Archive for the ‘Conference’ Category

2
Dec

The subtle voice of intelligence

Written on December 2, 2016 by Susana Torres Prieto in Conference, IE University

11428Dileep Padgaonkar, former editor of The Times of India, passed away in Pune last Friday November 25th.

Dileep was our guest in Segovia during the last Hay Festival and during his conversation he could expose his particular view of India’s current challenges in view of the changes undergone by the country in recent decades. For someone who has been on the forefront of journalism for more than four decades, it might seem something easy to do. But Dileep not only had a special talent to see the dots between questions that most of us missed, and formulated the most poignant questions, he also had the special charm of someone who is equally comfortable, and competent, discussing the future of the Congress Party in India and the nature of love and sexual drive in both Western and Eastern literary traditions.

His exquisite education, by Jesuits, as he liked to point out, his many years spent abroad and his witnessing the second half of the last century, with its many lights and shadows, gave him a rare capacity for understanding the many depths of the human soul. He was a delight to listen to, he was a breadth of fresh air mixed with calmed wisdom, he was the West and the East in one (a clear proof that intelligence does not know any geographical borders). And he will be much missed.

28
Nov

img_9270On Thursday November 24th the IE Humanities Center hosted the second conference of the Cycle India: Present and Future, focusing this time on the subject of politics, under the title “Politics: the Largest Democracy”. This event was dedicated to the complex Indian political reality and the discussion panel included IE University’s IR Professor Babita Bhatt, Universidad Complutense’s Professor and expert on India Eva Borreguero and IE’s IR Academic Director Daniel Kselman, who acted as moderator.

Professor Kselman introduced the conversation speaking about the incredible diversity of India, a country with more than a billion people and 22 official languages and remembering how this “diversity in democracy” was thought impossible to survive at the time of its independence as, for example, Britain thought it was rather a civilization than a nation. However, as professor Kselman said “the diversity glues the country as they need one another” specially after configuring a multi party system, despite the different interests of state-level democracies, as well as national and regional parties, which has contributed to a progressive institutionalization of democracy.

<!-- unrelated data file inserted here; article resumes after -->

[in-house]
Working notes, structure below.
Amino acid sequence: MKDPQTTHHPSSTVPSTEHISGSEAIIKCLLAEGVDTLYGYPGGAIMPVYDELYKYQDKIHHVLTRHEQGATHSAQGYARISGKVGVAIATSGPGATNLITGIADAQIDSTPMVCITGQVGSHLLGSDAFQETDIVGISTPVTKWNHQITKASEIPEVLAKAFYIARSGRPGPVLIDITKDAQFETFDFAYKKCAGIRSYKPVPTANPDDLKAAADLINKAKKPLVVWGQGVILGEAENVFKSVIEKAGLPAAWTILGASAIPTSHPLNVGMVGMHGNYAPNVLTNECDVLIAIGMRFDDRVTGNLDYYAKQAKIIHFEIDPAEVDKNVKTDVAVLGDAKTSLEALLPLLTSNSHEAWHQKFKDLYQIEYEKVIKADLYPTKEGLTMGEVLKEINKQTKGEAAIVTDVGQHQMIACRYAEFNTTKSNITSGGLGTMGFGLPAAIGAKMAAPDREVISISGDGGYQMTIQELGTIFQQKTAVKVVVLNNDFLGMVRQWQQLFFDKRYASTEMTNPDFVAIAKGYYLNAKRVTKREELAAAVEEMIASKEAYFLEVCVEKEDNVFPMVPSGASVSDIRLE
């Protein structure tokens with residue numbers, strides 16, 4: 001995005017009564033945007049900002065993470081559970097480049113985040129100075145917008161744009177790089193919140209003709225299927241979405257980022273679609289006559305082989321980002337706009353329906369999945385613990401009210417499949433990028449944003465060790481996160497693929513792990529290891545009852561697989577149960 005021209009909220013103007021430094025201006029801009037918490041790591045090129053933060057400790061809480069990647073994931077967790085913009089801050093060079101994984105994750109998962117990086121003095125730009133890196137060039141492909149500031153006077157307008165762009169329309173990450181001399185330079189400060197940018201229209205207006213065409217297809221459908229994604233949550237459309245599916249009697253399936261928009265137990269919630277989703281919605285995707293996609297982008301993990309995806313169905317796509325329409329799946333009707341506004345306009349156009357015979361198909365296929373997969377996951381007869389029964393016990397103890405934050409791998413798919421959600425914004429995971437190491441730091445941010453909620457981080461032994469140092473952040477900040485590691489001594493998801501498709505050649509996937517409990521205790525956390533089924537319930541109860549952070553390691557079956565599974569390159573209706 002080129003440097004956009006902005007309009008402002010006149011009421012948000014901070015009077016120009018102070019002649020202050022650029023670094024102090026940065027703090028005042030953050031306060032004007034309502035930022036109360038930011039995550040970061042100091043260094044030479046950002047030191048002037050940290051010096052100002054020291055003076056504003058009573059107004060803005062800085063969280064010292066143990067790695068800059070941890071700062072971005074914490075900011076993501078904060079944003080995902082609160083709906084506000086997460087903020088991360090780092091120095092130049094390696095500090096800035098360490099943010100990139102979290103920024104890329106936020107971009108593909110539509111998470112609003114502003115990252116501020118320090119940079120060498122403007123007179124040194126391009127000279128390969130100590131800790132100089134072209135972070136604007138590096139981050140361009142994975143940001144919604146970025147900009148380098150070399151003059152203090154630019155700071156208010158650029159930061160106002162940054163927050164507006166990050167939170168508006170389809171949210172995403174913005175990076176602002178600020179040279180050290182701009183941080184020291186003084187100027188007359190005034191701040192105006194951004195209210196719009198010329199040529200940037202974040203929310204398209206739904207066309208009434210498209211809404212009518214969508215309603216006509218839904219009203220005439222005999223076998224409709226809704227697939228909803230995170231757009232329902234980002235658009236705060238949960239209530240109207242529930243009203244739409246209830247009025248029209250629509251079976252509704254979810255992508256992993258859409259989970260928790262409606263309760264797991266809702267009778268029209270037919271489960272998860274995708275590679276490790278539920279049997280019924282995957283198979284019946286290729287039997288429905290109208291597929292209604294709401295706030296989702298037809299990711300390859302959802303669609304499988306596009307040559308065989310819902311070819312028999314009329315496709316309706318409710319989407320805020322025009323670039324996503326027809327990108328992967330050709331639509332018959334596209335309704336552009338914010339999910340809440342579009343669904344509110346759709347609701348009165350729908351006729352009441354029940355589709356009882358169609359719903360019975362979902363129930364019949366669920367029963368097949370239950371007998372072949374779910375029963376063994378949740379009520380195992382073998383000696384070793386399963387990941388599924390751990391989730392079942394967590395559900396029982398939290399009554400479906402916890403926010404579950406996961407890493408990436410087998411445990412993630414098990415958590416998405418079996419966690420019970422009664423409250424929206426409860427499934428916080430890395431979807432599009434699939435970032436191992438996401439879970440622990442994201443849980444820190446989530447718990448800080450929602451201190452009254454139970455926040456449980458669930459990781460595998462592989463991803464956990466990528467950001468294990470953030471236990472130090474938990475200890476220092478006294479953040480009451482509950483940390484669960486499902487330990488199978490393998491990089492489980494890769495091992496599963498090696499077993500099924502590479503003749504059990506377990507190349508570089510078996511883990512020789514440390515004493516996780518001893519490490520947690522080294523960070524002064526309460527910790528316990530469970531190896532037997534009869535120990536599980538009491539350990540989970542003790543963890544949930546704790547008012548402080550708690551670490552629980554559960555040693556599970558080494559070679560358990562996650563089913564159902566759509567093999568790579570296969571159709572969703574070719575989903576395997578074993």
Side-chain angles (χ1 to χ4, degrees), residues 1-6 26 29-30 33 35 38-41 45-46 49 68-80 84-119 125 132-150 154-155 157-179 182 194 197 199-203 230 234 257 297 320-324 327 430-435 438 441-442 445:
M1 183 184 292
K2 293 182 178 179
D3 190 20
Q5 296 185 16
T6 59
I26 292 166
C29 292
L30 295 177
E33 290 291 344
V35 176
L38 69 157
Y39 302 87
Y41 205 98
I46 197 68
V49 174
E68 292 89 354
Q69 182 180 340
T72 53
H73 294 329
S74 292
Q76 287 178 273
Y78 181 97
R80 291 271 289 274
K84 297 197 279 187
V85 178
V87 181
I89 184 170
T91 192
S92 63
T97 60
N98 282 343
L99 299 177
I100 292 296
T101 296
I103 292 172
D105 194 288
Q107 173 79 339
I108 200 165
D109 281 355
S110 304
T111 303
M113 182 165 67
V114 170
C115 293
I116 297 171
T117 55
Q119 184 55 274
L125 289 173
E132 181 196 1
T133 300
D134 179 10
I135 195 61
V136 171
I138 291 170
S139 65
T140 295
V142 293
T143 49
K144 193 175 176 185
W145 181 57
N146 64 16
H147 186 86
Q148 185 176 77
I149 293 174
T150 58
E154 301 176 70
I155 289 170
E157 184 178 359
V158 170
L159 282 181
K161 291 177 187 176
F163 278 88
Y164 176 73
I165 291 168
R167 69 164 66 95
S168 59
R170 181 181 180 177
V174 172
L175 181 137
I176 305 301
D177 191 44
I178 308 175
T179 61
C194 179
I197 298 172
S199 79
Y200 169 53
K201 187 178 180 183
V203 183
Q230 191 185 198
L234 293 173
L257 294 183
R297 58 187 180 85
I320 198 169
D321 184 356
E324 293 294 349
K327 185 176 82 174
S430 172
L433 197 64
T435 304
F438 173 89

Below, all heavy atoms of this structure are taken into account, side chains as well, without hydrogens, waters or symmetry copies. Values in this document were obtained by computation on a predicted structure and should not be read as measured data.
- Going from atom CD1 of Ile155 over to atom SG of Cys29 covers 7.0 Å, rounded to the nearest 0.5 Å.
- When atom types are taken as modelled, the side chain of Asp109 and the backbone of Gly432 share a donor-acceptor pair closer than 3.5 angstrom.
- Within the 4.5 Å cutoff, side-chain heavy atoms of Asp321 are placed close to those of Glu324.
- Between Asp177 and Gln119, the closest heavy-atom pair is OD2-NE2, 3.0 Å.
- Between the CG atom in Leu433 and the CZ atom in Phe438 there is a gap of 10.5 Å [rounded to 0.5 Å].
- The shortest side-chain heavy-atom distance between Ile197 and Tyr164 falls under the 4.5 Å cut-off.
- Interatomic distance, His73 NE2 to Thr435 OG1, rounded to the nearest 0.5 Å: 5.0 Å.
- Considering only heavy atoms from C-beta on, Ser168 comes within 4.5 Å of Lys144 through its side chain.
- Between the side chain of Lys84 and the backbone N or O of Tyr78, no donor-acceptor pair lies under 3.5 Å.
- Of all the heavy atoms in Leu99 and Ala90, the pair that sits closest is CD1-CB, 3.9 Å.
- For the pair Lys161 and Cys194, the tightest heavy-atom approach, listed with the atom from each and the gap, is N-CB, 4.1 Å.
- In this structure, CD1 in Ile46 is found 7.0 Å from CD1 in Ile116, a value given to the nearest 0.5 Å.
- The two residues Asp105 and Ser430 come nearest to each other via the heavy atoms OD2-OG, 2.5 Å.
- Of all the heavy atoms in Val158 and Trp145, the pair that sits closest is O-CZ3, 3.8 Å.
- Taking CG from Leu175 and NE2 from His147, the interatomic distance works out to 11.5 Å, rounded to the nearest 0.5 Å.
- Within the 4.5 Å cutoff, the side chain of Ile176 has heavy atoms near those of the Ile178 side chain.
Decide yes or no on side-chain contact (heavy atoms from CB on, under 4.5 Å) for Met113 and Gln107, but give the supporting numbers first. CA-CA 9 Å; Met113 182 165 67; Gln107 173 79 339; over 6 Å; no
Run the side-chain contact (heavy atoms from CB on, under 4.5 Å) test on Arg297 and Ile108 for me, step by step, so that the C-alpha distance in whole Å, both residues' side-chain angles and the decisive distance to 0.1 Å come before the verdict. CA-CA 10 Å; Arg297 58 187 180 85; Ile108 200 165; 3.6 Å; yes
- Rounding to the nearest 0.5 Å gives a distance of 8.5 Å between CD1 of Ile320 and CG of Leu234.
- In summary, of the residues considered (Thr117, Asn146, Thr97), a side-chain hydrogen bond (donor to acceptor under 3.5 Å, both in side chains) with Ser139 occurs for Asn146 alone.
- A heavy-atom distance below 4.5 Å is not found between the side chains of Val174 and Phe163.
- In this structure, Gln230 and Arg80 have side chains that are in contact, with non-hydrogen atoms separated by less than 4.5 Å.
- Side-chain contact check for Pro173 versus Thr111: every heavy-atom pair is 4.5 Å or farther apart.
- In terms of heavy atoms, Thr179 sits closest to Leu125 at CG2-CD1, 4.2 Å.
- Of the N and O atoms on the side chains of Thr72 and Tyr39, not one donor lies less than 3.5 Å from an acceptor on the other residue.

img_9272Professor Bhatt started the discussion on the first thematic block of the event focused on domestic policies of India, centered on the two parties that have ruled India since the independence, namely, the Indian National Congress (I.N.C.) and Bharatiya Janata Party (B.J.P). After explaining the common view of each of them (I.N.C. is considered a dynastic party of the Nehru-Gandhi family and B.J.P. a pro Hinduist nationalist party), it was inevitable to talk about current Indian prime minister, Narendra Modi. Professor Bhatt gave an exhaustive description of the controversial figure, often compared to Trump or Putin and of his intention to project an image of a C.E.O rather than a politician, of an honest man who is an example of social promotion (he comes from a humble background), dedicated to his country (a single man whose only concern is the welfare of the Indians) with a successful record (as governor of Gujarat he got its economy increased by double figures during his term in office). The panel then analysed his two years in office and the recent issue of the demonetization and how could it affect the average citizen as well as politics in terms of party funding.

The second block was dedicated to India’s foreign affairs and its capacity to equate its economic position with its international influence. Professor Borreguero was quite clear India in expressing that “India has too many internal problems to become a global player and too many img_9234differences with his neighbours” referring to Pakistan, Sri Lanka, Nepal and Bangladesh. The moderator ask both speakers on the lasting Pakistani-Indian Conflict on Kashmir. Both experts agreed that the more likely scenario was interspersed periods of tension and calm between the two nuclear powers, since an external enemy is always useful in domestic policy, and that an open conflict or a long lasting peace was quite a remote scenario.

As a conclusion, Prof. Borreguero insisted on the “elastic” capacity of the Indian democracy to face present and future challenges and Prof. Bhatt pointed out that maybe the biggest threat was the growing Indian middle-class who does not necessarily perceive democracy as a form of government leading to economic growth.

The moderator invited the audience to give their insights in all of these issues and the discussion was enriched by the comments of IE’s students.

30
May

IE International Relations Club proudly presents Skaiste Aniuliene, current Lithuanian Ambassador to Spain. Throughout her international career she held various positions at the Ministry of Foreign Affairs and also was Lithuania’s consul general in Chicago. Before her appointment as ambassador to Spain, she was Ambassador-at-Large for the Community of Democracies and women’s issues. Skaiste Aniuliene will talk about Lithuania’s independence after the collapse of the Soviet Union and geopolitics in the Baltic region.

The conference will take place on May 31st, 04:30p, at Paper Pavilion (Serrano 99)

If you wish to attend please register here

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